What’s new with Medicare Part D in 2020?
Last Updated : 12/12/20193 min read
Summary: If you have Medicare Part D (prescription drug coverage) or plan to enroll in a stand-alone Medicare Part D Prescription Drug Plan, you may be interested in several cost-related trends in 2020.
Medicare Part D premium
Medicare prescription drug plans set their own monthly premium amounts.
Premiums may vary depending on where you live, what plan you select, and whether you qualify for help paying your Part D premium.
Medicare Part D deductible caps at $435 in 2020
Stand-alone Medicare Part D Prescription Drug Plans may charge an annual deductible. The federal government sets a limit on the Medicare Part D deductible each year. For 2020, a Medicare Part D plan cannot set a deductible higher than $435, which is $20 over the maximum Medicare Part D deductible in 2019.
Keep in mind that many stand-alone Medicare Part D Prescription Drug Plans do not charge the maximum allowed deductible. Some plans have a lower deductible. Other plans may have no deductible.
Medicare Part D coverage gap
If the total cost of your prescriptions reaches a certain amount— set each year by the federal government — you pay more for your prescriptions. This is the Medicare Part D coverage gap, also known as the out-of-pocket threshold or “donut hole.” In 2020, once you and your plan have spent $4,020 on your prescription drug costs, you will be in the coverage gap. (That’s $200 more than the 2019 amount.) At that point, you will pay no more than 25% of the costs of covered brand-name prescriptions and generic medications until the total cost of your covered medications reaches $6,350 ($1,250 more than the 2019 amount). If you reach that limit, you will pay a small amount for your covered prescription drug costs for the rest of the year.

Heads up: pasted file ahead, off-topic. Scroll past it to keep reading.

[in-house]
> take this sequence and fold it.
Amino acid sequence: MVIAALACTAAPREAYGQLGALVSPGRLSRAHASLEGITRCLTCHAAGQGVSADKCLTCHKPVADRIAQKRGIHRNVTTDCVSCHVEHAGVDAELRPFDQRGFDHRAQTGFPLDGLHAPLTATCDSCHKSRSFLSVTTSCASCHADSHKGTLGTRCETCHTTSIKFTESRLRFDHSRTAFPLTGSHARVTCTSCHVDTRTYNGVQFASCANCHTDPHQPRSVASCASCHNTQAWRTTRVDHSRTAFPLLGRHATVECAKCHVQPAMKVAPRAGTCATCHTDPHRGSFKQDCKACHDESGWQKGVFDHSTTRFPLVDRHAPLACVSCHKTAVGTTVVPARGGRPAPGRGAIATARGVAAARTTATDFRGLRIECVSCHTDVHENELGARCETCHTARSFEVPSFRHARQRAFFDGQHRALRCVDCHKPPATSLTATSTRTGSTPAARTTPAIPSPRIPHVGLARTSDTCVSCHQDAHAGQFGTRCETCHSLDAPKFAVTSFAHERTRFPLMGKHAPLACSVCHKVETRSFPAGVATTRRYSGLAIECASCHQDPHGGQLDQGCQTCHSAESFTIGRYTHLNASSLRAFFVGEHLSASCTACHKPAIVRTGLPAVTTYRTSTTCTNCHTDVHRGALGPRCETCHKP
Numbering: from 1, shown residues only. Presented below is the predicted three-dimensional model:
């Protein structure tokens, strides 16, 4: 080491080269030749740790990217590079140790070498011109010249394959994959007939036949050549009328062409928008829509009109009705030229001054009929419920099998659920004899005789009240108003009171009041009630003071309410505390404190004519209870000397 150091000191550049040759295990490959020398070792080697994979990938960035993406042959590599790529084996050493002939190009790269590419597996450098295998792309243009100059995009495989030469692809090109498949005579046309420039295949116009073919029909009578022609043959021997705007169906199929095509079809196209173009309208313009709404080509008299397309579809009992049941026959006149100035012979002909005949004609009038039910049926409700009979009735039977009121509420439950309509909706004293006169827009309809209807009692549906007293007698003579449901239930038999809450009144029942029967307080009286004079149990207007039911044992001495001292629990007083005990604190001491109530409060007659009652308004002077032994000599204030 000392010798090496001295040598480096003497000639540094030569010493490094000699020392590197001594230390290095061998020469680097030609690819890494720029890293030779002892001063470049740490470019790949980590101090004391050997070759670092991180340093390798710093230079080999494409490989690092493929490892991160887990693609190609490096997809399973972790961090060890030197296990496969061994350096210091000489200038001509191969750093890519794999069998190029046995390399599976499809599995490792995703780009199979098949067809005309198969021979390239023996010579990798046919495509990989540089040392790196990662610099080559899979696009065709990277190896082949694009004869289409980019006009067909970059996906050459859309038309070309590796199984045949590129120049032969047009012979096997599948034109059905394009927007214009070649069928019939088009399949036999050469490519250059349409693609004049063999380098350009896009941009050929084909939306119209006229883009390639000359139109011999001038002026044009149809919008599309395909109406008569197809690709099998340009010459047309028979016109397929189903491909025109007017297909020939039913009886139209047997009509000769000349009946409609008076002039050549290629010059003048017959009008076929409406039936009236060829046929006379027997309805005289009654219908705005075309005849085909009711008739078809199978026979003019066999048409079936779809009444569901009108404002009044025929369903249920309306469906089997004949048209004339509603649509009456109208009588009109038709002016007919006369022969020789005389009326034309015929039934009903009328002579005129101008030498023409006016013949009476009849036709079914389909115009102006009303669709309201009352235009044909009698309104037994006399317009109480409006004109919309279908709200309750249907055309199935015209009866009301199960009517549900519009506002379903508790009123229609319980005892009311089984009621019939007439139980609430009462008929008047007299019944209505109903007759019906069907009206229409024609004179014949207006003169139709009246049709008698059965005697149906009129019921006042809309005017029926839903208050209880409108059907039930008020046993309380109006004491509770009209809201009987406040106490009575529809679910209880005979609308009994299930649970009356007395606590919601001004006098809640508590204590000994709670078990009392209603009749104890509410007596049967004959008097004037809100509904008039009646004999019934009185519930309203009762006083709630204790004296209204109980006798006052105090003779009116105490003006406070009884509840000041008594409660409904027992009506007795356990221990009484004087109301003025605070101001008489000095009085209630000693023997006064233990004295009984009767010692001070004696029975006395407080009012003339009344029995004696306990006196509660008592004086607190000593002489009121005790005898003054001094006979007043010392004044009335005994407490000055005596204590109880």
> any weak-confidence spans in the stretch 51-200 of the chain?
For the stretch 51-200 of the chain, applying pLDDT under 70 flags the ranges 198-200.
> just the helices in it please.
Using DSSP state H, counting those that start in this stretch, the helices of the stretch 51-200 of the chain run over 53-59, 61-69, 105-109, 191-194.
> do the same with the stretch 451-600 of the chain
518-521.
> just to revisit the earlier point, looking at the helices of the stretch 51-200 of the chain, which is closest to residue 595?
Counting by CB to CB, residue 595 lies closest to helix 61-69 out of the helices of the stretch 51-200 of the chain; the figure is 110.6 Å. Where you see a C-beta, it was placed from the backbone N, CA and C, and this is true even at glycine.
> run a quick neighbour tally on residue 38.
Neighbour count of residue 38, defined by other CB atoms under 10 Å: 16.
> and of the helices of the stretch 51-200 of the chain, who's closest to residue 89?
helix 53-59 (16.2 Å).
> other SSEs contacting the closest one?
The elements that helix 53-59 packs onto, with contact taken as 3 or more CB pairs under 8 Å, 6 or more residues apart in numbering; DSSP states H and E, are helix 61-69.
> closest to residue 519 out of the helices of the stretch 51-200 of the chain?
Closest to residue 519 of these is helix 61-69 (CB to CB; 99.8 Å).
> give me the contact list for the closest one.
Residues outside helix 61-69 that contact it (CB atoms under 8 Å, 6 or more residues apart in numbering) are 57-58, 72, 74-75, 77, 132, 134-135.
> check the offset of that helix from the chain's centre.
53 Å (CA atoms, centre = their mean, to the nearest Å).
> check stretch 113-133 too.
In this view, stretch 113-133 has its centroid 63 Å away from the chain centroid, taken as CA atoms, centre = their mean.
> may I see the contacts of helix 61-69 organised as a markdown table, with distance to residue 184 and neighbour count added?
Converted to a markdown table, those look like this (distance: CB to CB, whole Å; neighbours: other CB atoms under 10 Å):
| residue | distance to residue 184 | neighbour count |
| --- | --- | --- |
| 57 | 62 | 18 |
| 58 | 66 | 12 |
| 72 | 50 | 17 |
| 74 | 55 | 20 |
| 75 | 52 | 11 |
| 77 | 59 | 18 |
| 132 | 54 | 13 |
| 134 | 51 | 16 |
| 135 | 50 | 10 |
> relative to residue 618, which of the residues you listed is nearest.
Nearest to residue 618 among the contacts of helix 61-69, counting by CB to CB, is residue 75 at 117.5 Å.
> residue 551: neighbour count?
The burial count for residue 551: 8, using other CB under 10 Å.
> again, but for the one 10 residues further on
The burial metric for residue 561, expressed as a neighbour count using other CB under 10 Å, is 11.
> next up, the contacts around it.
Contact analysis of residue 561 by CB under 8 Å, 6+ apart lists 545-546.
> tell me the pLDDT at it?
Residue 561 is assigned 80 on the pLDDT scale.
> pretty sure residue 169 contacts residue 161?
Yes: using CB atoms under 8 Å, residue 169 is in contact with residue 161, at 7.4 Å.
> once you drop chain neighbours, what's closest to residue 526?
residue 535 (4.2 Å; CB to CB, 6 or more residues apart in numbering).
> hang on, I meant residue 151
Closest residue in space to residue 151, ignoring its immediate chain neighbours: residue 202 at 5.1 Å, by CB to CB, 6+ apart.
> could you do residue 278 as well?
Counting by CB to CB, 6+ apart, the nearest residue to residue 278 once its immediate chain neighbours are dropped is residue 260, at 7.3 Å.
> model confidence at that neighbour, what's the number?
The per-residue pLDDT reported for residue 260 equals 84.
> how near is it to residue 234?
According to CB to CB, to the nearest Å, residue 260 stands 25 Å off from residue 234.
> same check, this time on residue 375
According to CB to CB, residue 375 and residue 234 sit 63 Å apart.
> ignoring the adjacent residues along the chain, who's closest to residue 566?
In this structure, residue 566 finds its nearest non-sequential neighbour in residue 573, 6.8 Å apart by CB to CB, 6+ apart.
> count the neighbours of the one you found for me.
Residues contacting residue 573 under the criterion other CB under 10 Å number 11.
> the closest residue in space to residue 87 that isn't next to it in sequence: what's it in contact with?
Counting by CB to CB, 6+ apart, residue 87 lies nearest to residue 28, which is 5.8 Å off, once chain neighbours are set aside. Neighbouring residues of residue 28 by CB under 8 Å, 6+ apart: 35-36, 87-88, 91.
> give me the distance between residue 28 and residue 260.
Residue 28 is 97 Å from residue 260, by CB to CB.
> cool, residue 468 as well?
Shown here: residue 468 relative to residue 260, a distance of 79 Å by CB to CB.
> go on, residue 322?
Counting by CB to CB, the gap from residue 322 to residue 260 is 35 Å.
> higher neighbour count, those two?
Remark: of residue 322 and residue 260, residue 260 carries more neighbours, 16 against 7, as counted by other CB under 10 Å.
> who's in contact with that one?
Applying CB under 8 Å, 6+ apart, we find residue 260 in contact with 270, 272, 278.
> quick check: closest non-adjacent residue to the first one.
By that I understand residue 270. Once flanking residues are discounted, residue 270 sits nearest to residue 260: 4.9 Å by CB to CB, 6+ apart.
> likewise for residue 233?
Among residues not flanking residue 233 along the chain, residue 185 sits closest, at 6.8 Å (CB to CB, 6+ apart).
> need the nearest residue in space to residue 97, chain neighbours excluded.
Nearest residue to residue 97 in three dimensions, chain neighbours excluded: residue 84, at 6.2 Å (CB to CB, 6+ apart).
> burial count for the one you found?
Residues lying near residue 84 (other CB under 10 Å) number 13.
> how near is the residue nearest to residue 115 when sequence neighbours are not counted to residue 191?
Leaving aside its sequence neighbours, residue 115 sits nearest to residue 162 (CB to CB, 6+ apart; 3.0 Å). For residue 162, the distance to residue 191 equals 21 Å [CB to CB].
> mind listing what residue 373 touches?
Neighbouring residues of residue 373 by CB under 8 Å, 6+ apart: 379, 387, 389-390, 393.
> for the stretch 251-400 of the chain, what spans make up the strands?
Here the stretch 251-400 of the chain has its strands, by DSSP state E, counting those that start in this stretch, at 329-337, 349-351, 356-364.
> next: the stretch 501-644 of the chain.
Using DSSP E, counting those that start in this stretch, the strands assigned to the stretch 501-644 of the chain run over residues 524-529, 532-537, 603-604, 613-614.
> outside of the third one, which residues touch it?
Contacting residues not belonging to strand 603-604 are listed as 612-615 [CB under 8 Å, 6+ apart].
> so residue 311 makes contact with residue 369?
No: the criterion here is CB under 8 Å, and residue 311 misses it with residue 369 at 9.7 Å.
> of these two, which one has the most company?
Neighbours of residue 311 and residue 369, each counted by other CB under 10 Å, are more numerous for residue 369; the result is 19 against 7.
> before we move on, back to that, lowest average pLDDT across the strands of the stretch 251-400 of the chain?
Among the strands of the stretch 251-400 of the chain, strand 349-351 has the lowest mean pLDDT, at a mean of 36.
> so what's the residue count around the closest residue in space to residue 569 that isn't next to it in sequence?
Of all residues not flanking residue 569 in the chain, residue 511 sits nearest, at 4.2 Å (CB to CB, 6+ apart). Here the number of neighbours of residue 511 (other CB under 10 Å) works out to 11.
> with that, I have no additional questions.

What does Medicare Part D cover?
Medicare Part D helps cover outpatient prescription drugs. Each plan has its own formulary, or list of drugs the plan covers, so not every plan will necessarily cover the same medications. A plan’s formulary may change at any time. You will receive notice from your plan when necessary.
Every fall, your Medicare Part D Prescription Drug Plan will send you an Annual Notice of Coverage that tells you about any coverage changes for the next year. You may want to review your plan coverage. If you want to switch to a different plan, the Medicare Annual Election Period is one opportunity to do so.
Medicare Part D also may cover some self-injected medicines, such as insulin for diabetes. But if you go to a doctor’s office or other outpatient facility to receive, for example, chemotherapy, dialysis or other medicines that are injected or given intravenously, Medicare Part B — not Part D —may help pay for those treatments. Medicare Part D does not typically cover over-the-counter medications.
If you have a low income, you might be eligible for Medicare Part D Extra Help.
Do you want to look for a Medicare Part D Prescription Drug Plan in your area that may suit your needs?. You can use the Compare Plans button on this page if you are exploring Medicare coverage options.